Historic 1400 years old Masjid in ruins” which still faces towards Bait-ul-Maqdas (Jerusalem). This masjid is known as “Baarwada (BahirWala) mosque .The first Arab traders landed in the town of Ghogha, Distt. Bhavnagar, Gujarat India around the early seventh century and built a masjid here. This was the time when Qibla (direction to be faced while offering namaaz,) of the Muslims was Jerusalem instead of Makkah. For a brief period of 16 to 17 months, between 622 and 624 A.D., after Hijrat (migration) to Medina, the Prophet (S.A.W) and his believers faced Jerusalem while offering Namaaz. This ancient masjid was built during this period and is one of the oldest masjid in India. This ancient masjid also bears the oldest Arabic inscriptions. Masjid is in very fragile state which needs immediate attention from concerned authorities but like other monuments this historic structure is also being neglected
Oldest Indian mosque: Trail leads to Gujarat
AHMEDABAD : — During his visit to Saudi Arabia earlier this year, Prime Minister Narendra Modi gifted King Sal man a gold-plated replica of Kerala’s Cheraman Mosque –considered to be the oldest mosque in India -in honour of the ancient trade links between the two countries. Arguably though, India’s oldest mosque is not Cheraman but one in Modi’s home state, Gujarat; some experts suggest it may even date to the time of the Prophet Muhammad. The Cheraman mosque was rebuilt in the 11th century , but the Juni Masjid or Barwada Masjid on the northern edge of the ancient port town of Ghogha, on the Gulf of Khambhat, is still in its original form, albeit in a dilapidated condition. Like the Cheraman mosque, the Barwada mosque (Barwada Masjid in Gujarati translates as outsiders’ or foreigners’ mosque) is not a listed monument and hence is not covered by any conservation plan. No information is available on when it was built and who built it, but some historians contend that it predates the Cheraman Mosque, which was built in AD 629, and the Palaiya Jumma Palli or The Old Jumma Masjid of Kilakaria in Tamil Nadu, which was constructed between AD 628 and 630.
The reason to consider this 15×40 foot structure as the oldest mosque in India lies in the Muslim custom of offering namaz during the times of Prophet Muhammad.One tradition says that Muslims prayed facing `Baitul Muqaddas’ in Jerusalem, for the first 13 years of Islam from AD 610 to 623. Another tradition limits the period of maintaining the qibla -the direction Muslims face during salat -towards Jerusalem to the 17 months after the Hijra, the Prophet’s exodus from Mecca to Medina.In AD 623, while offering namaz in Medina, Muhammad had a revelation and declared that Muslims were to face the Kaaba during prayers. From then on, Muslims stopped facing Jerusalem and the qibla has faced the Kaaba.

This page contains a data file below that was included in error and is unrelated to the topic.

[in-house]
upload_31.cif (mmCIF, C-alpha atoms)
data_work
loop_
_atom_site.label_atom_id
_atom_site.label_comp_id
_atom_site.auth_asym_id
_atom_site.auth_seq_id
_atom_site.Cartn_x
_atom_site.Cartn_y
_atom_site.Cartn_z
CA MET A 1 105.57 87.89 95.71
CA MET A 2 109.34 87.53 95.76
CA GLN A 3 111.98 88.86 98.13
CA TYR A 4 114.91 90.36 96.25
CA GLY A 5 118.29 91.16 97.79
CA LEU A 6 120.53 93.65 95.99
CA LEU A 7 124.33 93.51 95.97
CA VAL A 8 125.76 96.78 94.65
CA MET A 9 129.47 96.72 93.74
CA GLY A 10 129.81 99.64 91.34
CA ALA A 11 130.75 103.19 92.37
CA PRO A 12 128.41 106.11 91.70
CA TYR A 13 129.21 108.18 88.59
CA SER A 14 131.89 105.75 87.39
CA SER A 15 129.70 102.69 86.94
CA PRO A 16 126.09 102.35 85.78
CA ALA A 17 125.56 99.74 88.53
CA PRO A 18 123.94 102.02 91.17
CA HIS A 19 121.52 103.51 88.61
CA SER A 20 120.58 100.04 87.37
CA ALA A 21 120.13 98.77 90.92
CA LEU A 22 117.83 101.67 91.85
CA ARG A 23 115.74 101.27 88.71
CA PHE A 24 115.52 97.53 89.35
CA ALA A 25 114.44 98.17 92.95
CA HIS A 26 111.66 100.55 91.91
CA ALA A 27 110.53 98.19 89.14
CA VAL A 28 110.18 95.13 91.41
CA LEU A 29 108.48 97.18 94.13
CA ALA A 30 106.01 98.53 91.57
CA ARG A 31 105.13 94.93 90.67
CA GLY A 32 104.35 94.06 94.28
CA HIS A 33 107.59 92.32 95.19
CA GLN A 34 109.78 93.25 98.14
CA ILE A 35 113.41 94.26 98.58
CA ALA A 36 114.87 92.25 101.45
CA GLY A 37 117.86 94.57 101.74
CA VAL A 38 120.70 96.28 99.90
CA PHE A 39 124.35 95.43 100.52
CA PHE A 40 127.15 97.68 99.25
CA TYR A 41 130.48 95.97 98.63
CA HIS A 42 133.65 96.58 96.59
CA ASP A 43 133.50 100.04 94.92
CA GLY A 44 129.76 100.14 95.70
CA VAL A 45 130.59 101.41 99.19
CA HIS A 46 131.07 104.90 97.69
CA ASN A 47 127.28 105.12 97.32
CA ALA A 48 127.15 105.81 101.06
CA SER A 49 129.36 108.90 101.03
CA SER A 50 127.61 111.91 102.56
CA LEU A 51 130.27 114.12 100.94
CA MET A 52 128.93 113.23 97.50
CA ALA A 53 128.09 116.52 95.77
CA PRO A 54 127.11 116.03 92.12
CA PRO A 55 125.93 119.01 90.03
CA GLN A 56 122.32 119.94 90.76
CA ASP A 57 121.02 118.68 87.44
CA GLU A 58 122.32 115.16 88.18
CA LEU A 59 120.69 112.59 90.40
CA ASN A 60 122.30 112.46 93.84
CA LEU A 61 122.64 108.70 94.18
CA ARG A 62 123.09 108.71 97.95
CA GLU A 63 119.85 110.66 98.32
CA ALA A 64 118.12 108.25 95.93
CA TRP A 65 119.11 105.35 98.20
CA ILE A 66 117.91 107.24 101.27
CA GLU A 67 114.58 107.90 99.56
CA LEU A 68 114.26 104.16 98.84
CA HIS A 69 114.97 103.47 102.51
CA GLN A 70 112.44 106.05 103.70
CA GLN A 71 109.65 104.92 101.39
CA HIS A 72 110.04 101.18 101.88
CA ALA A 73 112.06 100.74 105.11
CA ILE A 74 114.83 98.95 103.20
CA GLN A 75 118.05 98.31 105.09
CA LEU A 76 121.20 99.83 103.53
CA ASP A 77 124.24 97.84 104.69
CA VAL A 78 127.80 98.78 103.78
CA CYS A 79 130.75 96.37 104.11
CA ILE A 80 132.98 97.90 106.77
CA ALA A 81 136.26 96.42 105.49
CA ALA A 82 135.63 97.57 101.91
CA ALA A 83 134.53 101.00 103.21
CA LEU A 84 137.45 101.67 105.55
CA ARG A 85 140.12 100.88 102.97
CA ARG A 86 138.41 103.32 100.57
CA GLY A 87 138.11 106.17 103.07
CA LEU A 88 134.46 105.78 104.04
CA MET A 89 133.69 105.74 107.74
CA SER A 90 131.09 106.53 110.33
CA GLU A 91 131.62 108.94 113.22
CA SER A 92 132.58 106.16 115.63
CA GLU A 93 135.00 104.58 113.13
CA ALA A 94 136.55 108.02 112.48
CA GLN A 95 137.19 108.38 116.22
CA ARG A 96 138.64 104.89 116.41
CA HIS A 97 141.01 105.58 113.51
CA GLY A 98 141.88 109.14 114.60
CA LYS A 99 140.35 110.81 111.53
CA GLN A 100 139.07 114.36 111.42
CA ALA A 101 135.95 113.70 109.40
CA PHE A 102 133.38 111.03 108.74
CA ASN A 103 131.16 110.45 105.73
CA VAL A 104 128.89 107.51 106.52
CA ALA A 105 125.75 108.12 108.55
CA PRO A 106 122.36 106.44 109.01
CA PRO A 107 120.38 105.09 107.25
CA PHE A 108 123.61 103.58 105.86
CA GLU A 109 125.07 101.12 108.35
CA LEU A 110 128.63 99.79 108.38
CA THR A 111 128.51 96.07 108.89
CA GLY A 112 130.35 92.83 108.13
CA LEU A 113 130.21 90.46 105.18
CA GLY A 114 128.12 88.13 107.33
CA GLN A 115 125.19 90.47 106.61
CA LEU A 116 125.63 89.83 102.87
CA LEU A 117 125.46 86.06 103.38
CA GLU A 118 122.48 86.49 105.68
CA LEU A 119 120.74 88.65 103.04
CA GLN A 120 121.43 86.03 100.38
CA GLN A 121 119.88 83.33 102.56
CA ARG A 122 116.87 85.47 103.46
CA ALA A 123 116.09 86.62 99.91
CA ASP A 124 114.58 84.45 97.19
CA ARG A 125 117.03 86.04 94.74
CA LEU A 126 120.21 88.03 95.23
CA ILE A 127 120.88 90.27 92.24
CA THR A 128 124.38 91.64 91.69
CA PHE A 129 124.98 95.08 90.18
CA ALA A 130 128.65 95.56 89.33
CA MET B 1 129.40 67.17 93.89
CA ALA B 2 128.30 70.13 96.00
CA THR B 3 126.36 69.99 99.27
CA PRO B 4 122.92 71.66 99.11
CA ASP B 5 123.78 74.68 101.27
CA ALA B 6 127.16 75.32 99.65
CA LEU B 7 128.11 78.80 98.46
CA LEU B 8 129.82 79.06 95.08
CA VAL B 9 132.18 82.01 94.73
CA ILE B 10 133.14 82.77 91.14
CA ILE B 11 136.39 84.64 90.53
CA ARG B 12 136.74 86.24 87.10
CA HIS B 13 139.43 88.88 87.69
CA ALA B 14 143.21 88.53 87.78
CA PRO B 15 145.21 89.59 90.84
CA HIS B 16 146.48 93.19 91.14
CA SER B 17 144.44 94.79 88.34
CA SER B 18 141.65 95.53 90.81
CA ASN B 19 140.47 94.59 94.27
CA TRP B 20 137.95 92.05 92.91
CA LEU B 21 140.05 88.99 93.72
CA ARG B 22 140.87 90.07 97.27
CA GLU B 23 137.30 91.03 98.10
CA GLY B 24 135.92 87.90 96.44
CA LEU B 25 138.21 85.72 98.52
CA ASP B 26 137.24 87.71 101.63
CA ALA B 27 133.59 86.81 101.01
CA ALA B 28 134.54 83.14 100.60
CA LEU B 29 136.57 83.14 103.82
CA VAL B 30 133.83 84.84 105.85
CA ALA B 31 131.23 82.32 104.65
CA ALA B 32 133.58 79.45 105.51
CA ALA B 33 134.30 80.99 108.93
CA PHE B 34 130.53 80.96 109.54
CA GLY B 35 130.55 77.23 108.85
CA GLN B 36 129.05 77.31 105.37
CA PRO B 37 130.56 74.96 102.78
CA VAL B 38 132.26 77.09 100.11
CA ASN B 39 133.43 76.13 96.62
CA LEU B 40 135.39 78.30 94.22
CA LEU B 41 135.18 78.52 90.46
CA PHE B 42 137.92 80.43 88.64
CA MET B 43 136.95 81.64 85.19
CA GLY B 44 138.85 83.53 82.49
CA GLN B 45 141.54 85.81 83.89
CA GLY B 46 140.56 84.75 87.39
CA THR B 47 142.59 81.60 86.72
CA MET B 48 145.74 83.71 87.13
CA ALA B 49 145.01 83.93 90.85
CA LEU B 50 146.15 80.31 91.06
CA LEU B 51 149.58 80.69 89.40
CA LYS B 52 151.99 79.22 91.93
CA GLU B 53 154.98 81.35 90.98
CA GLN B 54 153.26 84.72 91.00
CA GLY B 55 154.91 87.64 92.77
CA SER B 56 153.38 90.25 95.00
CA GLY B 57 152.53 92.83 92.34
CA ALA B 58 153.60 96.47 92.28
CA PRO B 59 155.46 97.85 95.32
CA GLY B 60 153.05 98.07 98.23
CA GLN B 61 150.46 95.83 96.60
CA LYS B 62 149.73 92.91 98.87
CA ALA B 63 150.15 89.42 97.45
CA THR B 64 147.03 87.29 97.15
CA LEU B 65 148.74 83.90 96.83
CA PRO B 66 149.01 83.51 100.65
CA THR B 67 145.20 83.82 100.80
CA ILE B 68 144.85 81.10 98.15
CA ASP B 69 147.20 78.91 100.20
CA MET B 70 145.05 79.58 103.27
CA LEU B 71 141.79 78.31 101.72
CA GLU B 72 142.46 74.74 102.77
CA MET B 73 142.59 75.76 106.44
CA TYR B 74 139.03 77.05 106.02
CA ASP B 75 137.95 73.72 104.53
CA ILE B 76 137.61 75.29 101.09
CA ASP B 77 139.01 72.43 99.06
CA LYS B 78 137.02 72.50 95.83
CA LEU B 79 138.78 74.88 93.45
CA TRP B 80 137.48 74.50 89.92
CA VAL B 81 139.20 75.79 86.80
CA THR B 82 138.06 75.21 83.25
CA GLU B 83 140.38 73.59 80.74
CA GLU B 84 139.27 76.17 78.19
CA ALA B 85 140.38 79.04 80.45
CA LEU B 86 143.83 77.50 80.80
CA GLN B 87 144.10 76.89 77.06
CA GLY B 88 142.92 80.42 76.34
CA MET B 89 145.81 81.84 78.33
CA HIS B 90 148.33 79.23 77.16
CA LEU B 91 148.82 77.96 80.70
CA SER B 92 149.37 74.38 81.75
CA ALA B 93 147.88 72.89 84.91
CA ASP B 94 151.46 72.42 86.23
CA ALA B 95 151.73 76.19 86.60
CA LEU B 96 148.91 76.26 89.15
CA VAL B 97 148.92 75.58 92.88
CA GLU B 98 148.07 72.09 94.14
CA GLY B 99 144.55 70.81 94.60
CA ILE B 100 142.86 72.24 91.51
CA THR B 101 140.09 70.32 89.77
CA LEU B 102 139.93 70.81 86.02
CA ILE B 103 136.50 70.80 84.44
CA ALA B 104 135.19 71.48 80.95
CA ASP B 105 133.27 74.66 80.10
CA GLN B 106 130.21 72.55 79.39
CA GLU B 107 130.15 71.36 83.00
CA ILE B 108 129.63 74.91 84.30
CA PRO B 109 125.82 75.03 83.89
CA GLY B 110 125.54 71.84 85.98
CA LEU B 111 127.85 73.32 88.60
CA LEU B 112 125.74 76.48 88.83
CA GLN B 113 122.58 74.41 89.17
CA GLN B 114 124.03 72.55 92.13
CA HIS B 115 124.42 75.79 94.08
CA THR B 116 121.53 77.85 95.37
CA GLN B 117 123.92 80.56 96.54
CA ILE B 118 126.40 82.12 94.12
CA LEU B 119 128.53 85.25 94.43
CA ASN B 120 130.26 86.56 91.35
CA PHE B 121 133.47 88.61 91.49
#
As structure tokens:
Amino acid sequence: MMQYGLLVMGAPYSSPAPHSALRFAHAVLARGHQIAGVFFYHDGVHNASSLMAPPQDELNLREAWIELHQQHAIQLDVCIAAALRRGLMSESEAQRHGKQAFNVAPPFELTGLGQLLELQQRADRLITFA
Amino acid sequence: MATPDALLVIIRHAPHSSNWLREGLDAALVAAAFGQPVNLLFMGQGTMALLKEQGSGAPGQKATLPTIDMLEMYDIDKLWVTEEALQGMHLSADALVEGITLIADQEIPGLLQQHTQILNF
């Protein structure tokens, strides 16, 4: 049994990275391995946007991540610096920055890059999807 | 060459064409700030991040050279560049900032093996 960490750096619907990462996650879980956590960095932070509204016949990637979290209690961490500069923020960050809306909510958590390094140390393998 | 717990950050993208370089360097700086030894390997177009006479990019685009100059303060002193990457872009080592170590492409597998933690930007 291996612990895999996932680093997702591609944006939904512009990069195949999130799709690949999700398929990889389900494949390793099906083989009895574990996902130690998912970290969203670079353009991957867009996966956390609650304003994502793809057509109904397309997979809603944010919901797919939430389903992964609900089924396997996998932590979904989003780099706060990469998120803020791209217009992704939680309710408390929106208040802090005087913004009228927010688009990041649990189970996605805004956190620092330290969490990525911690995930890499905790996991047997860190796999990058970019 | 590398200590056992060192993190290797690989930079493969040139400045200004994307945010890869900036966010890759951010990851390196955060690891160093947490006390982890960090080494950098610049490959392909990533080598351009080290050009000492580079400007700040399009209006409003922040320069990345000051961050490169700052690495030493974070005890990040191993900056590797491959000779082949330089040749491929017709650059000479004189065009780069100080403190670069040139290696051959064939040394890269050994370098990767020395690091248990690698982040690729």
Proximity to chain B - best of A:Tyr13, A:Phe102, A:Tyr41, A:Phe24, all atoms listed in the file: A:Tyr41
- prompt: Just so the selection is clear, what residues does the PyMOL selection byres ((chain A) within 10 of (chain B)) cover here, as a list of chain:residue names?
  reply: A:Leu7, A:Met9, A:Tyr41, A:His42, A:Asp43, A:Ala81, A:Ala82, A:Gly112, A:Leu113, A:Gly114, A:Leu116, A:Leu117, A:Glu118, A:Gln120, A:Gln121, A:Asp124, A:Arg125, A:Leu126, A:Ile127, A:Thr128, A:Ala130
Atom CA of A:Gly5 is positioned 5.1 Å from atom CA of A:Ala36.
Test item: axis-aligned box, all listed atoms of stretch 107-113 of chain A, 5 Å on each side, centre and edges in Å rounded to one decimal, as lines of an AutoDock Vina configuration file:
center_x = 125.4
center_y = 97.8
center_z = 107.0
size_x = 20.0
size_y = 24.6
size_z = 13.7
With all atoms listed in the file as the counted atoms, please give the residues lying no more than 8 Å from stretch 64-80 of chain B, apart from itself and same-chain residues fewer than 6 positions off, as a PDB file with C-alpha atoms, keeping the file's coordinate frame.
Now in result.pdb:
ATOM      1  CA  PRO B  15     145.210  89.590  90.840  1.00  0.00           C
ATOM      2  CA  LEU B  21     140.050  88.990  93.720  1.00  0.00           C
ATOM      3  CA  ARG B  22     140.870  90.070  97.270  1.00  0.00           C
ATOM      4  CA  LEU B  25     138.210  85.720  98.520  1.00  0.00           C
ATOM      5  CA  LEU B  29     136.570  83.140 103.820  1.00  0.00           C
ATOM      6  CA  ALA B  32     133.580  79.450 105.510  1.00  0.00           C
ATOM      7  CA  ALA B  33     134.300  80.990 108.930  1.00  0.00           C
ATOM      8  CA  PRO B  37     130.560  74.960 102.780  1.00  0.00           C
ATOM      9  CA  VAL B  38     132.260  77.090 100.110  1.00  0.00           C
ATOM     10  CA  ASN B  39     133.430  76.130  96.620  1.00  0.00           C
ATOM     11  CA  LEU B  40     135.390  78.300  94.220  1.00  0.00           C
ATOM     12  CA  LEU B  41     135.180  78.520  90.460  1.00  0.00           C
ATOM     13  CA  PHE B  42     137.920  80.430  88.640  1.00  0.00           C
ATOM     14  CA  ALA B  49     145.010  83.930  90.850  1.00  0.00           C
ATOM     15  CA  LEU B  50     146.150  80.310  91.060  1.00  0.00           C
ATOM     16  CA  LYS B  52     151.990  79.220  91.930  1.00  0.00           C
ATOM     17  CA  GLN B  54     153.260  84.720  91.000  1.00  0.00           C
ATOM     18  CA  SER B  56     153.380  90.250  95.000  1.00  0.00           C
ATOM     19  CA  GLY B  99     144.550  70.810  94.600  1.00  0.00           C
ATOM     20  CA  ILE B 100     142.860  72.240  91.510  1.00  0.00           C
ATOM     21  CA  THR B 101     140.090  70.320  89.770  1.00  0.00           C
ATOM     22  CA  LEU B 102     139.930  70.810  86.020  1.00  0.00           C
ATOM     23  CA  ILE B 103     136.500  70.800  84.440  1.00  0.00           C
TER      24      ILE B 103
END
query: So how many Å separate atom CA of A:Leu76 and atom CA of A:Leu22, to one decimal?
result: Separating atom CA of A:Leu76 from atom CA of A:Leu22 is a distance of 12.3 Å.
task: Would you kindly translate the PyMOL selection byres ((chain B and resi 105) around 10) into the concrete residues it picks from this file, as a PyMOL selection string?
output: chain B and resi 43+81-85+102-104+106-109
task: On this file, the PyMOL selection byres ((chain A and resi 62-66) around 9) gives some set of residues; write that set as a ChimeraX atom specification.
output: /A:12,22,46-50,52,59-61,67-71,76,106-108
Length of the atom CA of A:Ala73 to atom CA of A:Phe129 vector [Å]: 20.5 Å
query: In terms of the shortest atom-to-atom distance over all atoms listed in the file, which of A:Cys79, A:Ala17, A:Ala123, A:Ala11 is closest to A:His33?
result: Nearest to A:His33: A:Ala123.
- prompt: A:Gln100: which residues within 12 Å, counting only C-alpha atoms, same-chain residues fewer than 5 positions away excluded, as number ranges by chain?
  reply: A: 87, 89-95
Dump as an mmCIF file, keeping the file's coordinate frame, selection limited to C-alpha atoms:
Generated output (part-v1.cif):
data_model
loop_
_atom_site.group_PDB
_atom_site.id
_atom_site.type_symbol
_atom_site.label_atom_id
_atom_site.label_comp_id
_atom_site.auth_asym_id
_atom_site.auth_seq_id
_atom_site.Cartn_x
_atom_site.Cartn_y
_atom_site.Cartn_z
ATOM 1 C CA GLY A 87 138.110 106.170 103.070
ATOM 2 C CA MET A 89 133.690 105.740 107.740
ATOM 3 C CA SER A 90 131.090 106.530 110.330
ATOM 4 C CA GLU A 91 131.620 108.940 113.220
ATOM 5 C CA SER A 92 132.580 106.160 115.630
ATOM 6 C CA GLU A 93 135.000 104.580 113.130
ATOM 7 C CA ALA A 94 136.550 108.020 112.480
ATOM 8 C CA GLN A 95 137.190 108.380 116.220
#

At the Barwada mosque in Ghogha, the qibla, indicated by the position of the mehrab (a semi-circular niche in the wall facing which prayers are offered), is towards Jerusalem, an angle nearly 20 degrees north of the qibla towards Mecca. This reflects the fact that this stone structure must have been erected much before the Prophet’s declaration that the direction to the Kaaba be treated as the qibla. The historical mosques in Kerala and Tamil Nadu have their qibla towards the Kaaba.
Compass readings taken at the site put the heading of the mehrab from the entrance at about 295°NW . The heading to wards the Kaaba, as at a newer mosque in the same neighbourhood is about 275°NW .
A teacher of history, Professor Mehboob Desai has been arguing about the Barwada mosque’s antiquity ever since he stumbled upon it. “Looking at the flow of information among Arab traders, there is no chance that a Muslim would build a mosque facing Jerusalem after the Prophet had declared the Kaaba as the qibla,“ he told TOI. “This is the oldest mosque in India, because I have not heard of any other mosque with its mehrab pointing towards Jerusalem.“
Desai insists that the mosque at Ghogha may be older than many of Arabia’s an cient mosques. None of the mosques built in Medina or in Kerala or Tamil Nadu are in their original shape. While Cheraman Mosque was rebuilt in the 11th century , all other mosques changed shape in the 20th century .
Built by Arab traders on the then bustling port of Ghogha, this stone structure may have been abandoned by devotees after the qibla was changed. With more than half of its roof gone, the pillars are in need of support, and a board on the mosque’s doors asks visitors not to pray there because its mehrab doesn’t point towards the Kaaba. It also warns people not to damage the structure because of its heritage value.
Aslam Siddiqbhai, who lives in the neighbourhood, said that repairs are made on the mosque as and when locals find a donor.